He said he focuses on water infrastructure implementation of Michigan’s new lead and copper rules, as well as addressing PFAS contamination and making sure that the state is working to set the most protective standards for human health in the PFAS rule-making process.
PFAS are man-made chemicals used in the United States since the 1940s, which do not easily break down, and which persist in the environment and the human body, and can result in adverse health effects.
McBrearty said he also is focusing on oil and gas, including the aging Enbridge Line 5 pipeline, which carries oil through the Straits of Mackinac, just west of the bridge.
Next, Francis, with the DNR fisheries division, said Michigan is second in the nation for fishing tourism, second only to Florida.
“We have awesome fisheries here in the state of Michigan, and it’s important, because the fisheries contribute $2.5 billion to the state economy,” he said. “So, it is a real economic engine as well.”
Francis said fishing tourism creates about 38,000 direct jobs, so it is not just recreation – it is an economic driver.
“We have got some of the best fisheries right out the window here,” Francis said, pointing to the Detroit River. “The population estimate in Lake Erie is about 45 million walleye this year, and about 15 percent of those fish migrate right past this window every year.”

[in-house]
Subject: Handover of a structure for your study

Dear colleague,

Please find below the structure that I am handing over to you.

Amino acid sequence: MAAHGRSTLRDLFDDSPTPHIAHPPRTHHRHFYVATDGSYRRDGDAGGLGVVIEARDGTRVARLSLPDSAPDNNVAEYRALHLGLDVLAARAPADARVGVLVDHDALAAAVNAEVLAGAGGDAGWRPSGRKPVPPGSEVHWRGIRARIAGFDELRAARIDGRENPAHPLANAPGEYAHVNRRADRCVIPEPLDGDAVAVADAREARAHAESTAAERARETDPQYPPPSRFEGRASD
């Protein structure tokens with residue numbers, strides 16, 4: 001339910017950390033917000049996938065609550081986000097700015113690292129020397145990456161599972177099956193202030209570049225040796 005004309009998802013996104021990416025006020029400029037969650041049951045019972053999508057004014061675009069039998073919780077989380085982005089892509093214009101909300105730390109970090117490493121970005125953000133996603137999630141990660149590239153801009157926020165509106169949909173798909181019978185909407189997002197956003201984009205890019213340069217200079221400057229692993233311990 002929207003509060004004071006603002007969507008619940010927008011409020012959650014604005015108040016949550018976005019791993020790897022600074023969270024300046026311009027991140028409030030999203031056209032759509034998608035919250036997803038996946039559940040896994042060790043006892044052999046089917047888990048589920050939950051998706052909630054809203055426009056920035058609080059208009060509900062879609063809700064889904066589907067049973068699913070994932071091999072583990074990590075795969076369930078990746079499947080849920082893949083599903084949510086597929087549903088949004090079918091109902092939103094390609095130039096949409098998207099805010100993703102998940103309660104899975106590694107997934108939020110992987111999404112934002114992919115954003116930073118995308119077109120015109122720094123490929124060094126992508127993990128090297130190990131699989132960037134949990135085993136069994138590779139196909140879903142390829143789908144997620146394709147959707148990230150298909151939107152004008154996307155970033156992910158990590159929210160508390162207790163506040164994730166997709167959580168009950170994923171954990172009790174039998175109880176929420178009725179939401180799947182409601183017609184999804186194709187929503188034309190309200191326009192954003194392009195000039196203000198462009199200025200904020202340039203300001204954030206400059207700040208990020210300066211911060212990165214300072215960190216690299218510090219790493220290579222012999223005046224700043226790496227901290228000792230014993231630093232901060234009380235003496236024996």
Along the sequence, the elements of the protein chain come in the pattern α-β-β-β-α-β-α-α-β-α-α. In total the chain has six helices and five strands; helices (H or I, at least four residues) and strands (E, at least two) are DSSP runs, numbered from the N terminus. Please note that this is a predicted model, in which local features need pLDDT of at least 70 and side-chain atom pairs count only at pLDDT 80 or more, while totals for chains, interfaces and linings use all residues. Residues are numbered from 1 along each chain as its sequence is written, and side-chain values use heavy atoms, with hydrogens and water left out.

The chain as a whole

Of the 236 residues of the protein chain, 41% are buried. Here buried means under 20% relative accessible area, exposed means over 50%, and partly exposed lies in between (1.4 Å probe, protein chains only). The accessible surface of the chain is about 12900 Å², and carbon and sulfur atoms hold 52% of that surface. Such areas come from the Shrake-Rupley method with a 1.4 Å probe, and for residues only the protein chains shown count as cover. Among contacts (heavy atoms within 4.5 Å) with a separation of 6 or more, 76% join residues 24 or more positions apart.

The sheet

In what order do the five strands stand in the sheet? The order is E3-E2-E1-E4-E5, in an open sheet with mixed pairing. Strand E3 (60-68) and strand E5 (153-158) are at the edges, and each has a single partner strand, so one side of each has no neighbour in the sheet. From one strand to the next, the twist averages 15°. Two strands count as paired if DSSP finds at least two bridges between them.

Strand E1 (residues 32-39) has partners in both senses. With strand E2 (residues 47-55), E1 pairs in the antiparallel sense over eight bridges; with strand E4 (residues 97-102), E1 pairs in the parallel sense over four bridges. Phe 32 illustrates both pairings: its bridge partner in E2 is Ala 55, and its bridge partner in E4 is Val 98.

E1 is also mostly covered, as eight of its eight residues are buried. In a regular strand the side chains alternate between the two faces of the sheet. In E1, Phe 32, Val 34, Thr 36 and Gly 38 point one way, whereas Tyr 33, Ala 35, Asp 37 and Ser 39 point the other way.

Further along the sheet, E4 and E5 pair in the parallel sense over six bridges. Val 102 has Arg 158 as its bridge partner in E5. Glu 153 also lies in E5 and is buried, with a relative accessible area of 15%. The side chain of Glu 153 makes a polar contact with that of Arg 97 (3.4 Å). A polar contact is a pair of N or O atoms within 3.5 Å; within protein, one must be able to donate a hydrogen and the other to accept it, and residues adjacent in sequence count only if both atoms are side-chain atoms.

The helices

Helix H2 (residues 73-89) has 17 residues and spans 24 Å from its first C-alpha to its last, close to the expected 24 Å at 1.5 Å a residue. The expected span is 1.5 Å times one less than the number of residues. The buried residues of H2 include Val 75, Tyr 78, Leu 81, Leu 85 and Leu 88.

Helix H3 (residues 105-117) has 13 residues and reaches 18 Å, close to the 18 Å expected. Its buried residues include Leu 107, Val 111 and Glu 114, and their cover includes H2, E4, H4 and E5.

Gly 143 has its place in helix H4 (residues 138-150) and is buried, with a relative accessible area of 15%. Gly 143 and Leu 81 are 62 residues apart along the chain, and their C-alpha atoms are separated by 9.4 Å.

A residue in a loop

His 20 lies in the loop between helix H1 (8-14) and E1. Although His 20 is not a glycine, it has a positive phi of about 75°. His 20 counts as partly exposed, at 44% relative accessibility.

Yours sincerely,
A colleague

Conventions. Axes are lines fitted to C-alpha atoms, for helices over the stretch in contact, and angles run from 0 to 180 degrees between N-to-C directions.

In addition to walleye, he said anglers are catching perch, white bass, muskellunge and lake sturgeon.
“Having quality recreation opportunities is important to quality of life,” Francis said. “When you are trying to attract people to businesses and communities, having good recreational opportunities is really important, and that is why we are protecting water quality. Aquatic invasive species is another major threat we are concerned about, as we continue to protect and restore habitats.”
Another advocate for water, Petrella, with Friends of the Rouge, said the watershed drains 467 square miles of land, travels through 48 communities in three counties – Wayne, Oakland, and Washtenaw – in an area that is home to 1.35 million people.
She said at one time, the Rouge was one of the most polluted rivers in the state and the country, but in recent years has become one of the most improved watersheds in the country.
Petrella said the fire on the surface of the Rouge River 50 years ago produced flames 50 feet high, and said it took 65 firefighters several hours to extinguish the blaze.